Unfortunately, progress was rather slowed down over the weekend by a reviewer from Kenya who published a list of best 10 add-ins to BuddyPress, #1 of which was a Social Network login product that could authenticate with Facebook or Twitter. Lots of “Great Article, thanks” replies. In reality, it didn’t work with BuddyPress at all! Duly posted back to warn others, if indeed he lets that news of his incompetence in that instance back to his readers.

As it is, a lot of WordPress Plugins (there are circa 157 of them to do social site authentication alone) are of variable quality. I tend to judge them by the number of support requests received that have been resolved quickly in the previous few weeks – one nice feature of the plugin listings provided. I also have formal support contracts in with Cyberchimps (for some of their themes) and with WPMU Dev (for some of their excellent Multisite add-ons).

That aside, we now have the network running with all the right tools and things seem to be working reliably. I’ve just added all the page hooks for Google Analytics and Bing Web Tools to feed from, and all is okay at this stage. The only thing i’d like to invest in is something to watch all the various log files on the server and to give me notifications if anything awry is happening (like MySQL claiming an inability to connect to the WordPress database, or Apache spawning multiple instances and running out of memory – something I had in the early days when the Google bot was touching specific web pages, since fixed).

Just a shame that there are still so many malicious link spammers out there; they waste 30 minutes of my day every day just clearing their useless gunk out. But thank god that Google are now penalising these very effectively; long may that continue, and hopefully the realisation of the error of their ways will lead to being a more useful member of the worldwide community going forward.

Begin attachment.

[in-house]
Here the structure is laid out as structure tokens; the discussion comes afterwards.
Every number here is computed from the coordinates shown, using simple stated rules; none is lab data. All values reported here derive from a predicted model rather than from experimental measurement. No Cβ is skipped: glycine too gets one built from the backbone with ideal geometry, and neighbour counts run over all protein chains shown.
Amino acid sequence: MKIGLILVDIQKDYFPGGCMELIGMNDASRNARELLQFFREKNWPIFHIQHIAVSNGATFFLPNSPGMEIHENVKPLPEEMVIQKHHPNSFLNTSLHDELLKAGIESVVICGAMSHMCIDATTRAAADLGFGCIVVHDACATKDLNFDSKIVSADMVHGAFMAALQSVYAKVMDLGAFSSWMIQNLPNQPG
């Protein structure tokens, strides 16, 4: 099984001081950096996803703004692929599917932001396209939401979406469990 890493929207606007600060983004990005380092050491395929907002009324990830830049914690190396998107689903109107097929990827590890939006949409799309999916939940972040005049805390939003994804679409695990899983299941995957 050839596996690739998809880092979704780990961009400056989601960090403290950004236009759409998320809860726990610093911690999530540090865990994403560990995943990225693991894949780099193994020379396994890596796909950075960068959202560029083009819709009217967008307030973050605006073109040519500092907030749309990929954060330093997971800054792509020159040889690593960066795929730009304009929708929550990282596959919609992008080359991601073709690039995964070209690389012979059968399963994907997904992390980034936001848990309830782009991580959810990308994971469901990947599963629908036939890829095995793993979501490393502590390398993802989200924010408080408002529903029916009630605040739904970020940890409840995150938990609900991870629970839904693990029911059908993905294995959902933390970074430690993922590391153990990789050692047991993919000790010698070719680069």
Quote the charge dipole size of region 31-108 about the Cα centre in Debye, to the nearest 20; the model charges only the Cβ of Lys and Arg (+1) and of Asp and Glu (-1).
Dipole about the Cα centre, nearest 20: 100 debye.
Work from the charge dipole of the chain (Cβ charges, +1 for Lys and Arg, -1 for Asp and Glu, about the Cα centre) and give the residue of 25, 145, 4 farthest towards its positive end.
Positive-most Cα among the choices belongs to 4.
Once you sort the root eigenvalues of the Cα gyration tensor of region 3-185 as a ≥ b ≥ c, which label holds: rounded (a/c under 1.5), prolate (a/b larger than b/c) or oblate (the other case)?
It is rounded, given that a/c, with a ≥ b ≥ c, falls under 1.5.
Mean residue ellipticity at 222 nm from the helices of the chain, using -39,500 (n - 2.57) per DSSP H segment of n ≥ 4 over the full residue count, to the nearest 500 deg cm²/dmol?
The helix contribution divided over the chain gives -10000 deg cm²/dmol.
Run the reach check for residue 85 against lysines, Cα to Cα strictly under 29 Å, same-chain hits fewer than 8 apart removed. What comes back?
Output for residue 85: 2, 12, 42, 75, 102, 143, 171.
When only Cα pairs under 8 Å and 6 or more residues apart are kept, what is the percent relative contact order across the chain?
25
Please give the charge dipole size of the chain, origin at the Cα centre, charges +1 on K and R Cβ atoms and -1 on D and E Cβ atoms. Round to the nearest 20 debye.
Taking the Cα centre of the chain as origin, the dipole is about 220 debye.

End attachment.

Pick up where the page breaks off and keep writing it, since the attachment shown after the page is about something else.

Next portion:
Supporting Child and Adolescent Mental Health Services

Child & Adolescent Mental Health Services Poster

I’ve been setting up a WordPress site with an associated BuddyPress Forum on my Digital Ocean Linux Server during the gaps today (we have our 2 year old granddaughter staying with us this weekend). This for my daughter in law Gill, who is doing some work with Mental Health Charity MIND, and potentially with CAMHS (Child & Adolescent Mental Health Services). This to provide a much needed information and shared experience resource for Medical Professionals, Parents, Teachers and Children. The latter both the afflicted, and siblings plus others they have regular contact with.

As a former special needs teacher, she finds there’s a massive gap in training and that from speaking to medical students, she’s found they learn barely anything about mental health. She’s keen to close that off and to also give online support to all concerned wherever and whenever it’s needed.

I’m just working around a few nuances on how one particular WordPress theme queues up a newspaper style layout on the front page, and to put in some of the preventative measures to arrest the usual torrent of user & comment spam that afflicts sites like this. Once done, she becomes mission control.